By John King,Jessica Yellin
and Ben Brumfield, in CNNews
Jerusalem Onews -- U.S. President Barack Obama wraps up his trip to the
Middle East on Saturday with a walking tour of the ancient city of Petra in
city's breathtaking architecture features buildings partly carved into stone
cliffs and combines eastern culture with ancient Greek constructions. It is a UNESCO world heritage site.
after a stroll through arid the landscape renowned for its colorful interplay
of light and shadow, the president will return to Washington, DC.
A last minute success
Just before departing for
Jordan on Friday, Obama scored a diplomatic coup when Prime Minister
Benjamin Netanyahu apologized to Turkey for a 2010 commando raid that
killed nine activists on a Turkish vessel in a Gaza-bound flotilla.
The apology, long sought
by Turkish Prime Minister Recep Erdogan, eased strained feelings between
Turkey and Israel, two vital U.S. allies in the Middle East.
It happened in a phone
call to Erdogan during a final meeting between Obama and Netanyahu at an
international airport in Tel Aviv, minutes before Air Force One
departed for Jordan to complete the president's Middle East swing.
Obama hailed the development as an important step forward for both countries.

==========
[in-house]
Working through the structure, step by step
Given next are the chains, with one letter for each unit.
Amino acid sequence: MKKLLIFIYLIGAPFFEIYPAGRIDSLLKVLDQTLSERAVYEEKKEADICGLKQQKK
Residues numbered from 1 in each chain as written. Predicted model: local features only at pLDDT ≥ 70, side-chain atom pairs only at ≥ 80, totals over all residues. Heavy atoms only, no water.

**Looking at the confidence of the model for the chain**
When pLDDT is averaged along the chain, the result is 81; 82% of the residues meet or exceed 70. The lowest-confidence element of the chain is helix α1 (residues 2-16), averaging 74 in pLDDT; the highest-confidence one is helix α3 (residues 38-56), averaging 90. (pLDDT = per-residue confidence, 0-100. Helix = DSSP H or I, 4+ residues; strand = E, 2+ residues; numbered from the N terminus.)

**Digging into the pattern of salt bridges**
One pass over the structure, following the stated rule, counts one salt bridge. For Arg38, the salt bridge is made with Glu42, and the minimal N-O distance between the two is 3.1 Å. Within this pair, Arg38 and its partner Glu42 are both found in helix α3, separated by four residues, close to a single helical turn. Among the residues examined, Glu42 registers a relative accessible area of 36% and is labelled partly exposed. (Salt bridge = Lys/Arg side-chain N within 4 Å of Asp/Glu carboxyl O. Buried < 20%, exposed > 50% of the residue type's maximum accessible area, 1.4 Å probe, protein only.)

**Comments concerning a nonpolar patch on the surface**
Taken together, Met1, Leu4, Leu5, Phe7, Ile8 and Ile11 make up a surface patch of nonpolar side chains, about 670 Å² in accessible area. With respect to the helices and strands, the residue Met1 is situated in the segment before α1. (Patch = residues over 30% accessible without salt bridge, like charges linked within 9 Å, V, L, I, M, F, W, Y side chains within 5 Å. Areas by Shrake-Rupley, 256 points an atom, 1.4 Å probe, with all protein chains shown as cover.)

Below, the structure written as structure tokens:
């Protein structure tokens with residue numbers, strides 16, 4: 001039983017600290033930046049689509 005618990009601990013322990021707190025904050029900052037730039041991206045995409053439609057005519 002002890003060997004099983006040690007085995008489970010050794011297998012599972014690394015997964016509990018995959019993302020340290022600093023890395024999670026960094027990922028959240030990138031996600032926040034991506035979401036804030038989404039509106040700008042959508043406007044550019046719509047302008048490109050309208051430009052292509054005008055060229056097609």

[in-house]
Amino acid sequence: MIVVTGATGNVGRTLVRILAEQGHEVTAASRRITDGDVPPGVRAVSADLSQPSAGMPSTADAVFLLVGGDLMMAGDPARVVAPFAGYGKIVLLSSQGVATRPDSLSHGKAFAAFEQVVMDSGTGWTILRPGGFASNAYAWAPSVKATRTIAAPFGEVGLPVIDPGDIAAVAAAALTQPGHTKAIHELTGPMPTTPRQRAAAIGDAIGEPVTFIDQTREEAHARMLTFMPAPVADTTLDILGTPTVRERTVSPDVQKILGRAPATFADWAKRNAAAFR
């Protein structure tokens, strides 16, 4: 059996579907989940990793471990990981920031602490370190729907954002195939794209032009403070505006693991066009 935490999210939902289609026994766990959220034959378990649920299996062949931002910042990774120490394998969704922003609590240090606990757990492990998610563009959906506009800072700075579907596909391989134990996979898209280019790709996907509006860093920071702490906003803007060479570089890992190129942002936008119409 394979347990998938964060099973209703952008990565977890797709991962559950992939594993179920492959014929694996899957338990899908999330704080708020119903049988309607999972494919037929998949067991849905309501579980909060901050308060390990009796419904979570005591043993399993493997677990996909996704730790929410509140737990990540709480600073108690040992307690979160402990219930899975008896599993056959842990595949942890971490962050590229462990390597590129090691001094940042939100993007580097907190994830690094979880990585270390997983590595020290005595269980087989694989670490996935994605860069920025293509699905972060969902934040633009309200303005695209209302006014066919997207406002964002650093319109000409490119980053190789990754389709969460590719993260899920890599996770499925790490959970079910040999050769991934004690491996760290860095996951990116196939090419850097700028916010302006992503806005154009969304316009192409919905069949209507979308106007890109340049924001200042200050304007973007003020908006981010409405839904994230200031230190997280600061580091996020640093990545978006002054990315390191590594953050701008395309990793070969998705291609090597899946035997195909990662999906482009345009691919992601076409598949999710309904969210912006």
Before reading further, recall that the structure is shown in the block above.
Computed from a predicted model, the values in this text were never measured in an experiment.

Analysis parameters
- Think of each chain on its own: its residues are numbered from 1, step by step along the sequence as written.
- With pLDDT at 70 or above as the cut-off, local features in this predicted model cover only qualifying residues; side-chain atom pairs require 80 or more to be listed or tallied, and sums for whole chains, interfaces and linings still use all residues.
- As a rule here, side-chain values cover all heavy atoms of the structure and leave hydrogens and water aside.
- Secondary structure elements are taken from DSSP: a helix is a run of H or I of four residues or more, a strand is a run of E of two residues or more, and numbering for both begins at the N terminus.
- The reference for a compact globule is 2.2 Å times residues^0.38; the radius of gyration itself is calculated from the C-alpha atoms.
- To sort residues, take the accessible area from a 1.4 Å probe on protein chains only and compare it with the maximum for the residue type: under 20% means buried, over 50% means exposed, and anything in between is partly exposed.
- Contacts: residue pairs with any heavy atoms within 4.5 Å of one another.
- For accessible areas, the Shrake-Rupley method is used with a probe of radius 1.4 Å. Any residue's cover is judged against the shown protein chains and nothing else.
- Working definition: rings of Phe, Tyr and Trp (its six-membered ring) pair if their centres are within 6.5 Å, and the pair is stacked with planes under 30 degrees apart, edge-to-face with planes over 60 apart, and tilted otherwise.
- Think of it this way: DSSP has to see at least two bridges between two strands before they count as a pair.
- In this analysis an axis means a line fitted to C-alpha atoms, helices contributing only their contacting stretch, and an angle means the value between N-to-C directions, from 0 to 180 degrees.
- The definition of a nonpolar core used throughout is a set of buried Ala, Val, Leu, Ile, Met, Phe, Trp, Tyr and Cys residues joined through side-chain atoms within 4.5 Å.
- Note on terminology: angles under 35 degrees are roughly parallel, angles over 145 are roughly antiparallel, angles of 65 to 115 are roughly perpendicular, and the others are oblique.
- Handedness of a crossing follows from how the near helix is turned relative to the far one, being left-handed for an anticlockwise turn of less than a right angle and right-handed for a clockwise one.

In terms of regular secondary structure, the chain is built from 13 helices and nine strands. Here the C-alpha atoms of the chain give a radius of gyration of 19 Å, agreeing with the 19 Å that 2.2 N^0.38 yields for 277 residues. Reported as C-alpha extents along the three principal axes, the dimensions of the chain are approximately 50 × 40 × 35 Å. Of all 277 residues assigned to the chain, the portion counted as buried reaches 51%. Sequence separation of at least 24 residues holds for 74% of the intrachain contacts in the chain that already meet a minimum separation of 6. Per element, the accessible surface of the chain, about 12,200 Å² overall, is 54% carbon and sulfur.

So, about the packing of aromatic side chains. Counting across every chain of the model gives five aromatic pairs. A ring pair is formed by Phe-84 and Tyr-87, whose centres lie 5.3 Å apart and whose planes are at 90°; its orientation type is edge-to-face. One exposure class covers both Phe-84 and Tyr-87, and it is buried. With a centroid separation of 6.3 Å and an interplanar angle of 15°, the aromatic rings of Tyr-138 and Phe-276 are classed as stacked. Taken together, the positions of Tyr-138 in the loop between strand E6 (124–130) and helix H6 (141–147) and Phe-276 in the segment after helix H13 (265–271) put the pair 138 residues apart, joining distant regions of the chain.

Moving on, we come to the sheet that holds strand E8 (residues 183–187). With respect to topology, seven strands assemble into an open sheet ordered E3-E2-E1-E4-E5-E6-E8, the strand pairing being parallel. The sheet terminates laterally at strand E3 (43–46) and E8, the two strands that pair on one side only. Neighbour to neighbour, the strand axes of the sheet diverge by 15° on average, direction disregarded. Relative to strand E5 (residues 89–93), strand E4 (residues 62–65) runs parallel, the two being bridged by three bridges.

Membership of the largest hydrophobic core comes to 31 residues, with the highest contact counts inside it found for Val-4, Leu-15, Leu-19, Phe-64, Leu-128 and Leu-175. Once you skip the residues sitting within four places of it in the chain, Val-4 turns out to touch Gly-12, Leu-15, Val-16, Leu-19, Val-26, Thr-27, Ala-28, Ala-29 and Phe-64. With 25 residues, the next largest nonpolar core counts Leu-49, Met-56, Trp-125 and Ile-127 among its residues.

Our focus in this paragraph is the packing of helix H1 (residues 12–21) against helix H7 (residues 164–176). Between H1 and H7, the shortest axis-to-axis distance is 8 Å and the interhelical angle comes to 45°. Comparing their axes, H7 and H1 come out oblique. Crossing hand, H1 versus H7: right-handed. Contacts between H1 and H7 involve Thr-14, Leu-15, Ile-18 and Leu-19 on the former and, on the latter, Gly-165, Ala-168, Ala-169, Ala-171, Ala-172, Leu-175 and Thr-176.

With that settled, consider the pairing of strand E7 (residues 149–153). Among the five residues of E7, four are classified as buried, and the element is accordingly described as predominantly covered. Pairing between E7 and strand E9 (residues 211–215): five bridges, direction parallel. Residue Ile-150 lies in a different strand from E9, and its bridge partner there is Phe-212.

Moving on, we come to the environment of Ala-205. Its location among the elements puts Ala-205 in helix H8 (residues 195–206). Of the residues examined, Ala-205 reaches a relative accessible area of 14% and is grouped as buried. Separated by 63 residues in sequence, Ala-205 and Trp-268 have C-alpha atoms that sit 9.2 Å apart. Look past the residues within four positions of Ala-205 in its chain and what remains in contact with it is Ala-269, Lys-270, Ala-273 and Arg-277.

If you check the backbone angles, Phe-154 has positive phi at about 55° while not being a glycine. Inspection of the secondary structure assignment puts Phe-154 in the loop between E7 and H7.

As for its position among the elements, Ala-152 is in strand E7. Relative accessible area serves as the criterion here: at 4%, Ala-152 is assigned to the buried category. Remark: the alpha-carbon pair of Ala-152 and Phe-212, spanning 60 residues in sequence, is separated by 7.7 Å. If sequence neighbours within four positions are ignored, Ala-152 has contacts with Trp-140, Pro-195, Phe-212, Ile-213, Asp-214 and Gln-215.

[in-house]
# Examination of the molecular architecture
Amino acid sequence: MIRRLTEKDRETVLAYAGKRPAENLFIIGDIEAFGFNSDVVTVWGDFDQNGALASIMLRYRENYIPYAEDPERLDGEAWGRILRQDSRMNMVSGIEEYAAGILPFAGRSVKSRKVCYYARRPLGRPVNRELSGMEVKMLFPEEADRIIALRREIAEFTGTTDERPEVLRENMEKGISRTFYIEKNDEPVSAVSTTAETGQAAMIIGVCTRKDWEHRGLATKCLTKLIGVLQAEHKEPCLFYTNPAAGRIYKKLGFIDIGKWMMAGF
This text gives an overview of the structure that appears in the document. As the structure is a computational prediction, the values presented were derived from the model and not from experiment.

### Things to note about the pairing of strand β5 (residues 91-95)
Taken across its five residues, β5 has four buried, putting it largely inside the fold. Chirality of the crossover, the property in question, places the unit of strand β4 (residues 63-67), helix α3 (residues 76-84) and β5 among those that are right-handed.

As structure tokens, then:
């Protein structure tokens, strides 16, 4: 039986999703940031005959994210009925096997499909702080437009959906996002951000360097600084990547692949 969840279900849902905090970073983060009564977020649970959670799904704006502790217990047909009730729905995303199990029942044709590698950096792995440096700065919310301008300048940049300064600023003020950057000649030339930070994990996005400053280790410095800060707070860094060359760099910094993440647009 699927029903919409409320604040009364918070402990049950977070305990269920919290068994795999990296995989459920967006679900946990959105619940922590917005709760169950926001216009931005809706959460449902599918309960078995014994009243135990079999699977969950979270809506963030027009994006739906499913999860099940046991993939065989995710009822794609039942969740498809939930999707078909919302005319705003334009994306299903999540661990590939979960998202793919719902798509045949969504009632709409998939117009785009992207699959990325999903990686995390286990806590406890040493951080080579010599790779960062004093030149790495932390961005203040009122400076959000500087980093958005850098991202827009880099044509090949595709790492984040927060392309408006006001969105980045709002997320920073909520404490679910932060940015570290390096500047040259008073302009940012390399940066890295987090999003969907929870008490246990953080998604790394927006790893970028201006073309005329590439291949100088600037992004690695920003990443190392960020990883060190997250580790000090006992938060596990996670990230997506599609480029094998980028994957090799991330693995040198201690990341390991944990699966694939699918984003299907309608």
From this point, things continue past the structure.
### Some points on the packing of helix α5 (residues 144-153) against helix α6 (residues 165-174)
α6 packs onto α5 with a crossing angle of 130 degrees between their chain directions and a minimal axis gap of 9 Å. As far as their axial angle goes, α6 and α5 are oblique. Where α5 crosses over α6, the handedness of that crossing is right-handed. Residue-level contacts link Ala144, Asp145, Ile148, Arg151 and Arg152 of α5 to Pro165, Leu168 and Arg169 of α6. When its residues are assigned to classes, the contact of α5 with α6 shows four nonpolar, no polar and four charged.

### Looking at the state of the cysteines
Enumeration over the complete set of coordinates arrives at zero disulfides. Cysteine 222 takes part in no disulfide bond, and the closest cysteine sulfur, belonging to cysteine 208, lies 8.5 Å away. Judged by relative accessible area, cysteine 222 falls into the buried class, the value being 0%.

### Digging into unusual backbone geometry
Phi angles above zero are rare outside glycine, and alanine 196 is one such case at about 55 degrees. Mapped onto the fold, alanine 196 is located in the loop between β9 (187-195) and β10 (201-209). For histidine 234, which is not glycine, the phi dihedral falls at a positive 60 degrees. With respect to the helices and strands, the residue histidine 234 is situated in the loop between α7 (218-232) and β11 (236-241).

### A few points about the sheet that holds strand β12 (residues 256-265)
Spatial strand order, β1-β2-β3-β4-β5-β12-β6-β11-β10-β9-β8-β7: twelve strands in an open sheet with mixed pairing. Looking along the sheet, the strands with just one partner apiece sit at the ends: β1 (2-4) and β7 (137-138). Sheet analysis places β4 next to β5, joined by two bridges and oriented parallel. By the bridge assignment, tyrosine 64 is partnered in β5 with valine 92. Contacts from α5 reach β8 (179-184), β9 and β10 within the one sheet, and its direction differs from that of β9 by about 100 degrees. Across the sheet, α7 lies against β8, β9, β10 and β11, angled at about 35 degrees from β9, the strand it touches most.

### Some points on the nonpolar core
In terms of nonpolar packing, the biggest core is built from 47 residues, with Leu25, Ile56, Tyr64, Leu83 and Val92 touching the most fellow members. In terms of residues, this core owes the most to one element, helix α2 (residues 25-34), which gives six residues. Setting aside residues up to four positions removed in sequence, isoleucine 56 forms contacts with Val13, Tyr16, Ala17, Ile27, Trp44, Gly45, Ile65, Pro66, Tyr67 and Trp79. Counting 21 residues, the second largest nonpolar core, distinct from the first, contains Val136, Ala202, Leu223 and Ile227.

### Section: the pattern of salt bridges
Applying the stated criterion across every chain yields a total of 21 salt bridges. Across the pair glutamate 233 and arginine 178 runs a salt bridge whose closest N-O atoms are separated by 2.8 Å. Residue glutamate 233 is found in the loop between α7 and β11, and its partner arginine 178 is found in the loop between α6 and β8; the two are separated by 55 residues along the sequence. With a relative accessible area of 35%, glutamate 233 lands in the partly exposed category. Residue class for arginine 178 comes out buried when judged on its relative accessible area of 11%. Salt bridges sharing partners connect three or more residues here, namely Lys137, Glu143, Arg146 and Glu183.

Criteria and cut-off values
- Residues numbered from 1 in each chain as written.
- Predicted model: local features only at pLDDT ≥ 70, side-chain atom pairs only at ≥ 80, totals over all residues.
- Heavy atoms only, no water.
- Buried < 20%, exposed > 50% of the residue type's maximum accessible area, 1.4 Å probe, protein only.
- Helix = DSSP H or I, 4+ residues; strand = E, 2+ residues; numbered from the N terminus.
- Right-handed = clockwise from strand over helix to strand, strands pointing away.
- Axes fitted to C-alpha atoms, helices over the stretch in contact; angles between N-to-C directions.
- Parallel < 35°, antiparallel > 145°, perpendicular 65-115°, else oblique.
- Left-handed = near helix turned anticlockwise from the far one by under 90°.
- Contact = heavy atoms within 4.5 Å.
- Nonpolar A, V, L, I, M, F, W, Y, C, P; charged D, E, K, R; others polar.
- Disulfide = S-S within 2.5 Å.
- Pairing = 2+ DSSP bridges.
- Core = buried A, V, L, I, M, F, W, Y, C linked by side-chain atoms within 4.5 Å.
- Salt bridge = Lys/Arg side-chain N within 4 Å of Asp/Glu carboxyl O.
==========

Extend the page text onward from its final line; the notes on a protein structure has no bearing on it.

Jordan's refugee influx
Friday in Jordan, Obama
focused on the civil war in neighboring Syria, with King Abdullah
telling reporters that the conflict has caused 460,000 refugees to flood
his country and more were on the way.
That equals 10% of
Jordan's population, and the total could double by the end of the year,
the king said in asking for more help from the international community
as his country also deals with internal reforms in response to economic
woes that are raising public dissatisfaction.
Obama said he was
working with Congress to provide an additional $200 million to Jordan
this year to help deal with the refugee influx, but he remained
steadfast in his refusal to pledge U.S. military assistance to the
Syrian opposition movement.
Refugees flood Jordan town
However, Obama repeated past warnings that his stance on military involvement could change if the Syria uses chemical weapons.
Jordan is suffering from
refugee fatigue. Masses of people have fled there for from neighboring
countries whenever conflict was rife. The Syrian conflict comes on top
of the flood of refugees that came from Iraq just a decade ago.
The country is a close
U.S. ally and has been one of the most stable in the region, but it has
seen recent internal turmoil and discontent.
King Abdullah has a
reputation for benevolence, unlike autocratic rulers such as Syria's
Bashar al-Assad or deposed Iraqi dictator Saddam Hussein. One house of
the Jordanian parliament is democratically elected.
However, a bad economy and allegations of corruption by public officials have stoked dissatisfaction with him.
In November, crowds took to the streets calling for King Abdullah's downfall because of rising gasoline prices.
More recently, comments
attributed to King Abdullah in the The Atlantic caused further anger
toward the king, who was quoted as calling the opposition Muslim